Here’s how you can write an amazing book:

  1. Decide if you want to write fiction or nonfiction. Both types of books can land on their respective bestseller list. This is a fairly easy decision—just go with the first idea you have.
  2. Come up with a book idea. This can be made a lot easier with a list of writing prompts like this one right here. Remember that you have to be passionate about your book because if you’re not, your readers will be able to tell. No “bestseller” banner will save you from negative reviews.
  3. Outline your book. One of the best ways I’ve learned how to write a good book is to outline it. When you know where you’re going, everything in between is easier to write, and that means you can focus on writing with quality.
  4. Write your book. It may take time, but if you follow our process for writing a quality book, you will be proud to have it out into the world. Keep our tips in mind throughout the process and you’ll write a better book, faster.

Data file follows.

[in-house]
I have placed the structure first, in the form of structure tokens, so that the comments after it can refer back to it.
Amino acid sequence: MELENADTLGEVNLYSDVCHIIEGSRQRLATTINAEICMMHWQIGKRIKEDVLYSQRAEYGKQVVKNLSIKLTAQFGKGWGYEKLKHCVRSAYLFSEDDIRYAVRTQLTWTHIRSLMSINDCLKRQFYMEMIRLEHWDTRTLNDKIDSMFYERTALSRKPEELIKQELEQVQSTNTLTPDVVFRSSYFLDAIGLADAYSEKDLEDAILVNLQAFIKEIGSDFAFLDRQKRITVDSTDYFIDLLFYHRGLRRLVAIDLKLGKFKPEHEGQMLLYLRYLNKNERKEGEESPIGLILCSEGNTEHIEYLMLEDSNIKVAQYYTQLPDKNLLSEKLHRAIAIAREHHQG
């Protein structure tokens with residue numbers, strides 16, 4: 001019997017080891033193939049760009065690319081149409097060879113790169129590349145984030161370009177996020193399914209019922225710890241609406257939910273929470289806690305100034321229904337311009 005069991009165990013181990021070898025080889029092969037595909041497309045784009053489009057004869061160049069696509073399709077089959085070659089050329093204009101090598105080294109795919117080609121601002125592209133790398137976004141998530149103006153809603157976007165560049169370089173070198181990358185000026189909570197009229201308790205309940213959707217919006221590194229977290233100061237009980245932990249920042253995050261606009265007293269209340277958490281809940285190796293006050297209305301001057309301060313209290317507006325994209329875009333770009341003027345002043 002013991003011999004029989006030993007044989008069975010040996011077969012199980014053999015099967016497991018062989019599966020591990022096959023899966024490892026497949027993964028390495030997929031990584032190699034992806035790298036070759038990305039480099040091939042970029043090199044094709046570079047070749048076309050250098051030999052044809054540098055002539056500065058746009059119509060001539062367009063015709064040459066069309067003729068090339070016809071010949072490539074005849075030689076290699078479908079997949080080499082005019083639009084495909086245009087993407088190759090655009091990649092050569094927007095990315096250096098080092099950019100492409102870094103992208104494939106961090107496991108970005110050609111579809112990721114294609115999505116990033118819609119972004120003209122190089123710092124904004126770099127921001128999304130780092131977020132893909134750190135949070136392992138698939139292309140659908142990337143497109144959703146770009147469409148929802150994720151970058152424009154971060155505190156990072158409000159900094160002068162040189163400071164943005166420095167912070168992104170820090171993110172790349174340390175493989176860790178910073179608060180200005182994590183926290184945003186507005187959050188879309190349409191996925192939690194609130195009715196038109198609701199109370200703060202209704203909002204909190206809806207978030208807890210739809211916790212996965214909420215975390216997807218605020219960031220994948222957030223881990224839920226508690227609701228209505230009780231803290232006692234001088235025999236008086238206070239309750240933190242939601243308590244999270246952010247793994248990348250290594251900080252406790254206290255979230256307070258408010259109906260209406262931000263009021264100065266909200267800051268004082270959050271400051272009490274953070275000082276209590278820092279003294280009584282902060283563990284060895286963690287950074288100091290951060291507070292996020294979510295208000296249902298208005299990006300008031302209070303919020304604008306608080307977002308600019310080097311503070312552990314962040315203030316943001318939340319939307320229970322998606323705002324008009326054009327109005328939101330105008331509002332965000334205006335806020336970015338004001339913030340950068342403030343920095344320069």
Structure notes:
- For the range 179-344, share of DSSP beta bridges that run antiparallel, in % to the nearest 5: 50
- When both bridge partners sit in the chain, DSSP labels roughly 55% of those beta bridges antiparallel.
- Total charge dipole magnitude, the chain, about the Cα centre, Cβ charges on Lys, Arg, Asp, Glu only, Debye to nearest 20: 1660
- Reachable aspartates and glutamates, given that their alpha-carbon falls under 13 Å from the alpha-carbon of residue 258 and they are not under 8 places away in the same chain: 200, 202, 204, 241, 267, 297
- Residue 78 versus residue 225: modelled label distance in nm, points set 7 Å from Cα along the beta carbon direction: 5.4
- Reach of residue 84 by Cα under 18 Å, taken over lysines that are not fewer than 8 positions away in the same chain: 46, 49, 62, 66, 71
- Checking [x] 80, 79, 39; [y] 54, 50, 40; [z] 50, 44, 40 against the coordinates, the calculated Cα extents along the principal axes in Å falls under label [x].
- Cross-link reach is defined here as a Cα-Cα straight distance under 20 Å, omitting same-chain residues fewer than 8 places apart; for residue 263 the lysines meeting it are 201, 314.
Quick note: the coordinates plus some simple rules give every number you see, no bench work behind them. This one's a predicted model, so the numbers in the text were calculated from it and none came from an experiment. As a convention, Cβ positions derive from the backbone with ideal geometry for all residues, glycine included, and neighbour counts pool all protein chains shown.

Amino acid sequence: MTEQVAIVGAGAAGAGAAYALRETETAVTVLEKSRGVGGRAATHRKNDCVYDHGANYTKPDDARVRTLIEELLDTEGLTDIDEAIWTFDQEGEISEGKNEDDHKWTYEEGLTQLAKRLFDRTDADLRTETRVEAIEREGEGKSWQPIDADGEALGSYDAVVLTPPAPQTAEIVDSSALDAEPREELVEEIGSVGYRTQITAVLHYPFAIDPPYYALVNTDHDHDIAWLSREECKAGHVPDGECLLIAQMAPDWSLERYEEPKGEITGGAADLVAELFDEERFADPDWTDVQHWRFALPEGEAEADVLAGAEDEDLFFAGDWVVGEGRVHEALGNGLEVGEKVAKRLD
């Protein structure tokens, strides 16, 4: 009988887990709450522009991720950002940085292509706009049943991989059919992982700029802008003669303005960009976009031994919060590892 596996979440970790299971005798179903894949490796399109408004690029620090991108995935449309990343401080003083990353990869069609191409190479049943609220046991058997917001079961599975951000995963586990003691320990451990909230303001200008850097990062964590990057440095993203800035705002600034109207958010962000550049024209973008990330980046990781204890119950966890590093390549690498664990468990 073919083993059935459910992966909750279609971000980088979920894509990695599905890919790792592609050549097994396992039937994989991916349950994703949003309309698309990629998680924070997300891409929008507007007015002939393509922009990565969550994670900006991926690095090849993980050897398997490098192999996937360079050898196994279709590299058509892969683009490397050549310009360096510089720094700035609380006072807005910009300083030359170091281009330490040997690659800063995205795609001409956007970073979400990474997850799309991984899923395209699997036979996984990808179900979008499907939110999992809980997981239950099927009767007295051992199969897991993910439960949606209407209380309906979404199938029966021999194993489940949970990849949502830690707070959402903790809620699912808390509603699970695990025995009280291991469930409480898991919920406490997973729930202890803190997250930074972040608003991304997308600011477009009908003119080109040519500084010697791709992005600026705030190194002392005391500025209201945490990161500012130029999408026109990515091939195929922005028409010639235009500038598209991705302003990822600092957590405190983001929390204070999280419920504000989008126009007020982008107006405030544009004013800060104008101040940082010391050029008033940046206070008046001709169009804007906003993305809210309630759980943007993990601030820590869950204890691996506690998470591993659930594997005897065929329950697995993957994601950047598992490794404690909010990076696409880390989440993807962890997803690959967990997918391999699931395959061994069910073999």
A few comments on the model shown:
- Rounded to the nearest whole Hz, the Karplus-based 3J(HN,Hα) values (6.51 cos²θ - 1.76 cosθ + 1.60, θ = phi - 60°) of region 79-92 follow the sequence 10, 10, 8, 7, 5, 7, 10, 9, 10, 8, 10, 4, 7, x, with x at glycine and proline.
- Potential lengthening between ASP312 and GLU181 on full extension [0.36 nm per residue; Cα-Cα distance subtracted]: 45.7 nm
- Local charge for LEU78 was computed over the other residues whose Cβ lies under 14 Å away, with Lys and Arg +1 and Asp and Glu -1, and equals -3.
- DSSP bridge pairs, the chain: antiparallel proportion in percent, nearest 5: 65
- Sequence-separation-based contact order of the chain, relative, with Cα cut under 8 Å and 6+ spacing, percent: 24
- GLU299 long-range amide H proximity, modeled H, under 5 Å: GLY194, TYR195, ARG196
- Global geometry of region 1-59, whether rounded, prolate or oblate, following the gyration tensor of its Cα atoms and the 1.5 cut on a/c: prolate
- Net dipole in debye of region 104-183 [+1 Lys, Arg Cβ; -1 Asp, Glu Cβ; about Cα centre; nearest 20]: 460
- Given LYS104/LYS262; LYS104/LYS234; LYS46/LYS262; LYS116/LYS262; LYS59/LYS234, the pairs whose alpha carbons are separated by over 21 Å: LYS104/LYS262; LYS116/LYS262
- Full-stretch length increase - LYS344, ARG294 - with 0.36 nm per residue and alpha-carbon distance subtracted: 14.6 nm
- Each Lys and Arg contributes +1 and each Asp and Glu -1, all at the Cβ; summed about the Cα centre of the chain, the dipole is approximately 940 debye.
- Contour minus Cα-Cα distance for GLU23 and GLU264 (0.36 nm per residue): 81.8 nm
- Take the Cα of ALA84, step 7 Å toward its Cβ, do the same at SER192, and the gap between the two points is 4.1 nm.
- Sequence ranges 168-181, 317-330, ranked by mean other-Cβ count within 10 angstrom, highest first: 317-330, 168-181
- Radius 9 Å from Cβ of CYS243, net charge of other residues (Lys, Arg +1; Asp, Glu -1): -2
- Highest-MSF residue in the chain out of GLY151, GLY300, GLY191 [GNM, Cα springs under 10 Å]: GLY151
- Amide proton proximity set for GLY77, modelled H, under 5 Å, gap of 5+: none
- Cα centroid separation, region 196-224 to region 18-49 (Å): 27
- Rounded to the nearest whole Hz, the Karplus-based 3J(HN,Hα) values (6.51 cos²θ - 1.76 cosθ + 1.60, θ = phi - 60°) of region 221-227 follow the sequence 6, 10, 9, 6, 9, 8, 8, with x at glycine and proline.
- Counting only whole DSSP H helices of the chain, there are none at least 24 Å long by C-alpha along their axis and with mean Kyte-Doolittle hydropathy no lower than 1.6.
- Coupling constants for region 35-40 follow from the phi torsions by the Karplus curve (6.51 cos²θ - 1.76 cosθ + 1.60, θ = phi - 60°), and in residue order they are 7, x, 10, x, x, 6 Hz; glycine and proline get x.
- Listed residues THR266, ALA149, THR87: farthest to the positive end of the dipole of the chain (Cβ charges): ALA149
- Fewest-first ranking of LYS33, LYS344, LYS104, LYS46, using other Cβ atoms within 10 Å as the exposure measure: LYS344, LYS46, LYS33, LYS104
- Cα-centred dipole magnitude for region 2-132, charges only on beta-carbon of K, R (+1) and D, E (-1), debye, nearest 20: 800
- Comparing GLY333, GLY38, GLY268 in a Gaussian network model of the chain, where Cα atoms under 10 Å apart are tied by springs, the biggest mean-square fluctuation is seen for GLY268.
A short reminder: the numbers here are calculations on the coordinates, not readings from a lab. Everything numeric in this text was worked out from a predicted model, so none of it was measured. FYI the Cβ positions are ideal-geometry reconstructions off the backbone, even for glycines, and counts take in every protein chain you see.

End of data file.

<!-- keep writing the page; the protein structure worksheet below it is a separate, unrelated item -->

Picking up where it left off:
#3 – Build an author platform

This should happen before you write your book—or during it, if you just decided you want to become an author at all, let alone a bestselling author.

What is an author platform?

Your platform is your audience. In order to sell your book and on a consistent basis (which is key if you want to be a full-time author), people need to:

  1. know you exist and
  2. that you’re writing books for them to read.

In order to do this, you have to be present on social media, have an author website, and market yourself as an author regularly.

Where you spend your most time and how you go about that marketing will depend on what type of book you’re writing and who your audience.

As an example, if your intended audience is an older generation between the ages of 45-60, they’re more likely to be on Facebook than other social platforms simply because those are Facebook’s deomgraphics.

Here are the demographics for social platforms so you can determine where you’ll focus your efforts:

  • Facebook: 54% female, 46% male, 65% between 50-64 years old
  • Twitter: 24% women, 23% men, 40% between 18-29 years old
  • Instagram: 39% women, 30% men, 72% between 13-17 years old
  • Pinterest: 41% women, 16% men, 34% between 40-49 years old